In its Oct 7 editorial, the paper said with the US-led trade pact perhaps mortally wounded, the Regional Comprehensive Economic Partnership gains impetus
A month before the US presidential election, it is clear that the Trans-Pacific Partnership (TPP) - history's most comprehensive free-trade deal - will not be approved anytime soon in its country of origin.
Both of the major-party presidential candidates and the Republican-dominated Congress have adopted a protectionist stance reflecting the mood of the voters, a vast number of whom believe such international deals drain away American jobs and undercut American production.
Outgoing President Barack Obama, who initiated the TPP two years ago and has championed it on his overseas travels, has little time left to swing public or legislative opinion, and his successor is unlikely to try, at least not soon and not without a damaging reversal of policy.
Twelve nations have been earnestly negotiating TPP terms with US trade representatives, and they will now wait for the new president to settle into office in the vague hope there might be a ground shift in American attitudes.
Either Donald Trump or Hillary Clinton will have to come to grips with the pact during their first year in office. Despite their stated opposition to the TPP, they are well aware that scrapping the negotiations would harm America's influence in the world, and that they must be heedful of the International Monetary Fund's warning this week that rising protectionism will hamper the global economy's recovery.
Americans for the most seem not to understand why their government has been pushing for more free trade with Asia. Understandably mistrustful of Washington and big business and weary of costly foreign adventures, they do not perceive any benefit in expanding access to Asian markets, even if this is currently the world's most dynamic region economically and even if more jobs might be created in the US as a result.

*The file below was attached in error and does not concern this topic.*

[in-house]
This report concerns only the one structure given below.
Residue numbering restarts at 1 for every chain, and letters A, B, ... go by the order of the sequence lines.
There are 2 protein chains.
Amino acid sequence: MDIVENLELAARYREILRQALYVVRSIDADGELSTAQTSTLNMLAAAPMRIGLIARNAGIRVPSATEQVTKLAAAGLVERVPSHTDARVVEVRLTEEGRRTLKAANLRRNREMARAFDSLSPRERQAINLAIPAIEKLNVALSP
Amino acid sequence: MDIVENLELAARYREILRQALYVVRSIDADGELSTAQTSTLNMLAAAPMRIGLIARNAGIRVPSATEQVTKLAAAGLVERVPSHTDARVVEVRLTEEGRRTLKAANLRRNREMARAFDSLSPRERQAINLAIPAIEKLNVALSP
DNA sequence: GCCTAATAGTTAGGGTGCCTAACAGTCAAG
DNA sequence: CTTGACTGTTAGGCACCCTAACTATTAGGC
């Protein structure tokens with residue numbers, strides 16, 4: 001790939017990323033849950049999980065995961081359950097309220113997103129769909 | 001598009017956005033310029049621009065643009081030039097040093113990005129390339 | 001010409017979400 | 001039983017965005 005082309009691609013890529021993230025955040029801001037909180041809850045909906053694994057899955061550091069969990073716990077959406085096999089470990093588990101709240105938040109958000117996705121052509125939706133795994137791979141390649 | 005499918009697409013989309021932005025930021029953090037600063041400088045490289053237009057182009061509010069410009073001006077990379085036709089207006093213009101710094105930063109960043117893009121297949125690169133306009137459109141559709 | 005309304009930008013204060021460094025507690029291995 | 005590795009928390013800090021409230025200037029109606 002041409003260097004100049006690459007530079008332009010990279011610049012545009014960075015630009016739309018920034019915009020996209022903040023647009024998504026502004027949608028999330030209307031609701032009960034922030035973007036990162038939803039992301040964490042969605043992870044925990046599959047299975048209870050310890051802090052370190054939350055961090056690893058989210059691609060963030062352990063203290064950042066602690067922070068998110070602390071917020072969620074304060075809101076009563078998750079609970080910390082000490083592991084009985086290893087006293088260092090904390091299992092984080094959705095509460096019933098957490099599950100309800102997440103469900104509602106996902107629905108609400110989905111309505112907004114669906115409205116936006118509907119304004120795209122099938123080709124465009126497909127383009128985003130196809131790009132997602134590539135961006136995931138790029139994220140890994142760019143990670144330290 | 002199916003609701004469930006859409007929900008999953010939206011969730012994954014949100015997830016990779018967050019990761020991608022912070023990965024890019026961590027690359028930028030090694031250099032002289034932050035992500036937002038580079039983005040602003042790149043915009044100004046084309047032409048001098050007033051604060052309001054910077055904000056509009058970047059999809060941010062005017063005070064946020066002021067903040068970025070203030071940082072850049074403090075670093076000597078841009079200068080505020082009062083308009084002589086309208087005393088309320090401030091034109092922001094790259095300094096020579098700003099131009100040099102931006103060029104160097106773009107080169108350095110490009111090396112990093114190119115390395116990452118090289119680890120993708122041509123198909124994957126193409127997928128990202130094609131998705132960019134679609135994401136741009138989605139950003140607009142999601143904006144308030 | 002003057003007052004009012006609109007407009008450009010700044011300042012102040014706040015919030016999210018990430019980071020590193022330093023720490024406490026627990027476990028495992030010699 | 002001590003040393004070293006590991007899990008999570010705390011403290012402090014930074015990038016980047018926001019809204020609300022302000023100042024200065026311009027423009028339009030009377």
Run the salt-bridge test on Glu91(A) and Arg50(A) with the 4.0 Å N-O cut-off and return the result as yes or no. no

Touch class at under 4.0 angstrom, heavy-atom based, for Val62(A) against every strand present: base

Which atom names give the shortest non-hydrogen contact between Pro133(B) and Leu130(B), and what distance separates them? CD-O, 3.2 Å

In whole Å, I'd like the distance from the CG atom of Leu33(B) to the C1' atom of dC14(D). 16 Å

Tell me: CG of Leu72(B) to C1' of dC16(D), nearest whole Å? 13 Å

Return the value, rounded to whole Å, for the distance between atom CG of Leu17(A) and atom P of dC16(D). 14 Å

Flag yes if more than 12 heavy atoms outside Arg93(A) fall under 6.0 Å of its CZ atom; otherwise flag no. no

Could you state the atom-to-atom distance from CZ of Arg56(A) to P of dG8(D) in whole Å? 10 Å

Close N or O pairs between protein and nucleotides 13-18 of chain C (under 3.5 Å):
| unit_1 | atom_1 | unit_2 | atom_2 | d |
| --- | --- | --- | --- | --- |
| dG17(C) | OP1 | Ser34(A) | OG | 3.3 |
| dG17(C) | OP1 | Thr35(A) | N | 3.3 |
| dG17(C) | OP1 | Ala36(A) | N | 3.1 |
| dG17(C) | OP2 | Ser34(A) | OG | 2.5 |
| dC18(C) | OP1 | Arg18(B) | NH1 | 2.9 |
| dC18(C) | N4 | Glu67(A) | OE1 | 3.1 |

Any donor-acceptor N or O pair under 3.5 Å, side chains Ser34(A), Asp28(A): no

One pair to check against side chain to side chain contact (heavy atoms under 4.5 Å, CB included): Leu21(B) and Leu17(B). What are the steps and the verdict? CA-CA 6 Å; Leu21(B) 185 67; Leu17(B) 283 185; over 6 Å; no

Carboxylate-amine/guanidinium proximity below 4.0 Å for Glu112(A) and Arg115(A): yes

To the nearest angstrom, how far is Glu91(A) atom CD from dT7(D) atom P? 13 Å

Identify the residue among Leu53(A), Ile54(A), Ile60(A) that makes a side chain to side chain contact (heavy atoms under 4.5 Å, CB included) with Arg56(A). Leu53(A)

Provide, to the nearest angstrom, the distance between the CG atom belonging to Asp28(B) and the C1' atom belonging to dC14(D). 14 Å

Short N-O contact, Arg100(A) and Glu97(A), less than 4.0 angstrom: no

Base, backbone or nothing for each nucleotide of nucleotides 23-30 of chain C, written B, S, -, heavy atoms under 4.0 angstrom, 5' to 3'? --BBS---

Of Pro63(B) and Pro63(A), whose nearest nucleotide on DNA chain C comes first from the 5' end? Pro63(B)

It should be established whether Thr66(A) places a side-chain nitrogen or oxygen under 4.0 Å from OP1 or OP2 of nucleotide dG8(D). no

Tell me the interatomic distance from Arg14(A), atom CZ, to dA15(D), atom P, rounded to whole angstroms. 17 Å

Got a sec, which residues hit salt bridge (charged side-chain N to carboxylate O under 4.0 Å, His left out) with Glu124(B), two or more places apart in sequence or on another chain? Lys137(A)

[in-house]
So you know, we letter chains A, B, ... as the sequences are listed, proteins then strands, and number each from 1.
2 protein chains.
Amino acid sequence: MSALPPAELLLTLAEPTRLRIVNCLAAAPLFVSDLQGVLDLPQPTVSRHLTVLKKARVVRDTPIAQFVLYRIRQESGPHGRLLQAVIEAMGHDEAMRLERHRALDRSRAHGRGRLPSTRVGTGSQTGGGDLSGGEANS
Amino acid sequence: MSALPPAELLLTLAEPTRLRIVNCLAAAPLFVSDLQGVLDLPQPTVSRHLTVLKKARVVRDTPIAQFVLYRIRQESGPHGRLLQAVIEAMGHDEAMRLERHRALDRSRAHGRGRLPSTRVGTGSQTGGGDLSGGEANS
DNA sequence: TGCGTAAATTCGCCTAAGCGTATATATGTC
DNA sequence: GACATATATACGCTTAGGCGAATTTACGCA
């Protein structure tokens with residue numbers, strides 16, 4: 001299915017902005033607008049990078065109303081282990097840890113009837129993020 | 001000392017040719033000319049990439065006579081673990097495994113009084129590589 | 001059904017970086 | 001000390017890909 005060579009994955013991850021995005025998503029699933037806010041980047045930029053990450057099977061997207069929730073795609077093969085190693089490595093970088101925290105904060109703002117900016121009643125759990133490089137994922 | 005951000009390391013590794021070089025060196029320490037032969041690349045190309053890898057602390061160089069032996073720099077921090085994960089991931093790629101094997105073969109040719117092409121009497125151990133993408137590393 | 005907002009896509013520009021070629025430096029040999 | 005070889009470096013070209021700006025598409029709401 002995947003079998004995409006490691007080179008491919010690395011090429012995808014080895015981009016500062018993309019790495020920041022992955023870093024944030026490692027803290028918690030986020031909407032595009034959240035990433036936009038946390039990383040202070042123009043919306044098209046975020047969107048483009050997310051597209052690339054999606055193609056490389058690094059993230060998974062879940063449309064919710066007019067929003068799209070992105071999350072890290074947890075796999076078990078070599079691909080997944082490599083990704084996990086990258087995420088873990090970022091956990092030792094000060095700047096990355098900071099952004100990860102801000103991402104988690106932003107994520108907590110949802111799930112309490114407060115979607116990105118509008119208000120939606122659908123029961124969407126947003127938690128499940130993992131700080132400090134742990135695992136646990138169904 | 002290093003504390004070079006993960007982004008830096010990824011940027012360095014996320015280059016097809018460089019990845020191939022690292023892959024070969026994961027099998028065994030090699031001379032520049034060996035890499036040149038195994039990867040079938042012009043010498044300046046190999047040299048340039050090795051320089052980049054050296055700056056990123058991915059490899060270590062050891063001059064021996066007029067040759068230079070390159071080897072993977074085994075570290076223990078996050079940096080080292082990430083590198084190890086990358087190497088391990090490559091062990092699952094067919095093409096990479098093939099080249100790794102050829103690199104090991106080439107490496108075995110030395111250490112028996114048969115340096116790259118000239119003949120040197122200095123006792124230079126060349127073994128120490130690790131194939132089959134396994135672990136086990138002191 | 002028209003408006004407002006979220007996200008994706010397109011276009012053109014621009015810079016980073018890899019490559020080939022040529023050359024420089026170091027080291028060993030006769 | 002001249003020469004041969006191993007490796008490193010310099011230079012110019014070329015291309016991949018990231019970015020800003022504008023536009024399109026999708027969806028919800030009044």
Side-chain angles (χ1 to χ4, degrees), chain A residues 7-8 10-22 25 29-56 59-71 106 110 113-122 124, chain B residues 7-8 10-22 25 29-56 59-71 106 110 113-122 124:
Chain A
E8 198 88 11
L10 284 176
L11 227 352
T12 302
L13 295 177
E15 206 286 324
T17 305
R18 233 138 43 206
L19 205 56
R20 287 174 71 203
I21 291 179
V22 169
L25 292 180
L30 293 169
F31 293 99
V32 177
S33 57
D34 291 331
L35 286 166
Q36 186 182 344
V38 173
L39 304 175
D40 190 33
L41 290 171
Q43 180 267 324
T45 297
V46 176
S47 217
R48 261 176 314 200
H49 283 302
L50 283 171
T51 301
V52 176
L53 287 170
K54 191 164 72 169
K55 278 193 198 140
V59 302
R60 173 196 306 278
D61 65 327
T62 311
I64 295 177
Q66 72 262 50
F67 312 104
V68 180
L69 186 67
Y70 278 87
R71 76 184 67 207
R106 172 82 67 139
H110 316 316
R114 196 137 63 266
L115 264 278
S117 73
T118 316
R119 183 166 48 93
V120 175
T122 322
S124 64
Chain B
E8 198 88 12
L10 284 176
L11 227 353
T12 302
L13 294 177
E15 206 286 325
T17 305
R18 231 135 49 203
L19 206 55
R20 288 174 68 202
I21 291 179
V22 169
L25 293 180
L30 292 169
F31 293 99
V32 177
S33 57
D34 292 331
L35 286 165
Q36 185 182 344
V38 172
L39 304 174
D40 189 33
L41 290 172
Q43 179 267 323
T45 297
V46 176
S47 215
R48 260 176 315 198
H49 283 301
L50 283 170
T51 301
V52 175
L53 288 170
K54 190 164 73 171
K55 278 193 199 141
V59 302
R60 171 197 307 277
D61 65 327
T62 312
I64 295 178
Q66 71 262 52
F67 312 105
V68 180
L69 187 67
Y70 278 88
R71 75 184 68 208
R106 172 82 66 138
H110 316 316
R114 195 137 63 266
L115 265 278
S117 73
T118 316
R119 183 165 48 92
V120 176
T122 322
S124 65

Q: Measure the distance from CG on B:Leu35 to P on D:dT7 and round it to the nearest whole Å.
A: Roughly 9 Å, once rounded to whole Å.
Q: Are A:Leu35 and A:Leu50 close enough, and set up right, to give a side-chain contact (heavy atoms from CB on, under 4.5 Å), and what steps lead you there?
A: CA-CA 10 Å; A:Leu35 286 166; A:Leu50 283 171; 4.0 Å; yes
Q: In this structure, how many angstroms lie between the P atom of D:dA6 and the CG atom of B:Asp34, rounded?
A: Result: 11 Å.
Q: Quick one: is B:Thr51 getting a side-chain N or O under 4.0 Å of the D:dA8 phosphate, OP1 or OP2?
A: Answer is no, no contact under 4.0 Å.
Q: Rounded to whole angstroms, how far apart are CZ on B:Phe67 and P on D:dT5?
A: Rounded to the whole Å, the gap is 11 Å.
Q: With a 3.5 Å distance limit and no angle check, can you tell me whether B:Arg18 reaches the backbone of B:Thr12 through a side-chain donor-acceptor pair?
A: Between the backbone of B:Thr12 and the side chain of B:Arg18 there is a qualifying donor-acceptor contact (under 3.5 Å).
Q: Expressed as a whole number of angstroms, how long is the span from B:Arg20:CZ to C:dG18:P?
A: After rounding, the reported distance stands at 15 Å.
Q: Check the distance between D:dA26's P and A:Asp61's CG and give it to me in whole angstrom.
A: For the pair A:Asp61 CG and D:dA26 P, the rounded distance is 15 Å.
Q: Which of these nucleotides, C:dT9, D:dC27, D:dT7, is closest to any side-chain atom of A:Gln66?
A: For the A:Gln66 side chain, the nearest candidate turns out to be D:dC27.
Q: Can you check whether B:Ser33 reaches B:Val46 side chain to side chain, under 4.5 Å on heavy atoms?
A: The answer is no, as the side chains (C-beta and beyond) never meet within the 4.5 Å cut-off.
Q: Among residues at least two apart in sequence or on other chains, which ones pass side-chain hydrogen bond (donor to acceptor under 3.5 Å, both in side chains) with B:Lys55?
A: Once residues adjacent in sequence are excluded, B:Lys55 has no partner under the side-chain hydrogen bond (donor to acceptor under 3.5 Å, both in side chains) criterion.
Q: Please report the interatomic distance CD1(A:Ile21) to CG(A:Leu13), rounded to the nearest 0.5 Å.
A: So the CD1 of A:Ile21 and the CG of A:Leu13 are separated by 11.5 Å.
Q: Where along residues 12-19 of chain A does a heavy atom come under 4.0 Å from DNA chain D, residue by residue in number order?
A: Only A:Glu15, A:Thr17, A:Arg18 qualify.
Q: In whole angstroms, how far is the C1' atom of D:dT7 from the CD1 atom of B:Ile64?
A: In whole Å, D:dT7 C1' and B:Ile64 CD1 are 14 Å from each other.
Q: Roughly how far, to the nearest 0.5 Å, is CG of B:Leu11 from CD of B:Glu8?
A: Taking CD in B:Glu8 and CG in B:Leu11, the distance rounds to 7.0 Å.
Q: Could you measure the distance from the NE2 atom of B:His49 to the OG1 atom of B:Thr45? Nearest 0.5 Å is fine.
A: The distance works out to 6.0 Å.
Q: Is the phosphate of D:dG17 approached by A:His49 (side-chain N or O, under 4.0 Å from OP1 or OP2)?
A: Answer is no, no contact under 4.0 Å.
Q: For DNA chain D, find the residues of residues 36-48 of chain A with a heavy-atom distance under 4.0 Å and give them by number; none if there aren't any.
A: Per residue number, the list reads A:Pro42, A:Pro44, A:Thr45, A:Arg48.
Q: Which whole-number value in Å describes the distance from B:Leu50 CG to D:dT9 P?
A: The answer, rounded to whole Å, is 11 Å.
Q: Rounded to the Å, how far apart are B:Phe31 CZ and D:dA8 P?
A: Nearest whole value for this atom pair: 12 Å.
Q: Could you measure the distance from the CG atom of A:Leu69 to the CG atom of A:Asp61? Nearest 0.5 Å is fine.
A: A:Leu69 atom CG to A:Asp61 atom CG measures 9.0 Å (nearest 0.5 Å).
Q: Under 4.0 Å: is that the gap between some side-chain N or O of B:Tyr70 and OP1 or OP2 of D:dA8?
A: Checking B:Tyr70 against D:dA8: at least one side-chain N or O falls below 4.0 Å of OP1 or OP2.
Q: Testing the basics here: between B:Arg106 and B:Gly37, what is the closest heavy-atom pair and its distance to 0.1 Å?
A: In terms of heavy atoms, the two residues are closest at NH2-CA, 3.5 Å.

Sensing the isolationist shift in public opinion, opportunistic politicos have convinced Americans that the fiscal malaise they are enduring is a foreign import, stemming from ill-advised trade agreements with the likes of China.
Americans in fact should be reassured that free-trade arrangements are good for them and their country, and in fact mutually beneficial for all partners - but there is no one on the leadership horizon willing to challenge voter suspicions and offer that assurance.
For Asians at least, the uncertainty surrounding the TPP buoys the chances of the Regional Comprehensive Economic Partnership (RCEP) being approved under the auspices of the Association of South-east Asian Nations.
Thus far the regional pact has made inadequate progress because key Asian economies have been less than cooperative. Recently, however, India has become more enthusiastic in the negotiations, a marked change from its previous protectionist attitude on goods and services.
With the TTP faltering, this would the perfect time for China to take the lead in forging a pan-Asian deal, but Beijing is currently at political loggerheads with Japan, so a breakthrough seems impossible for the moment. In the meantime China is keen to strike partnerships with Asean and its member-countries, thrusting Southeast Asia into the trade spotlight.
Four Asean member-nations - Singapore, Malaysia, Brunei and Vietnam - are negotiating over the TPP, obviously confident that their economic conditions can cope with broader overseas trade. As such, they should be more open to the RCEP and assist fellow Asean members in making it a reality.
These are testing times, with more and more countries looking inward, fretting over physical and economic security. But the world is also increasingly interconnected, and no country can exist in isolation. Only through overseas engagement can we find solutions to inequality and discontent. We must be generous in spirit and pursue goals of mutual benefit.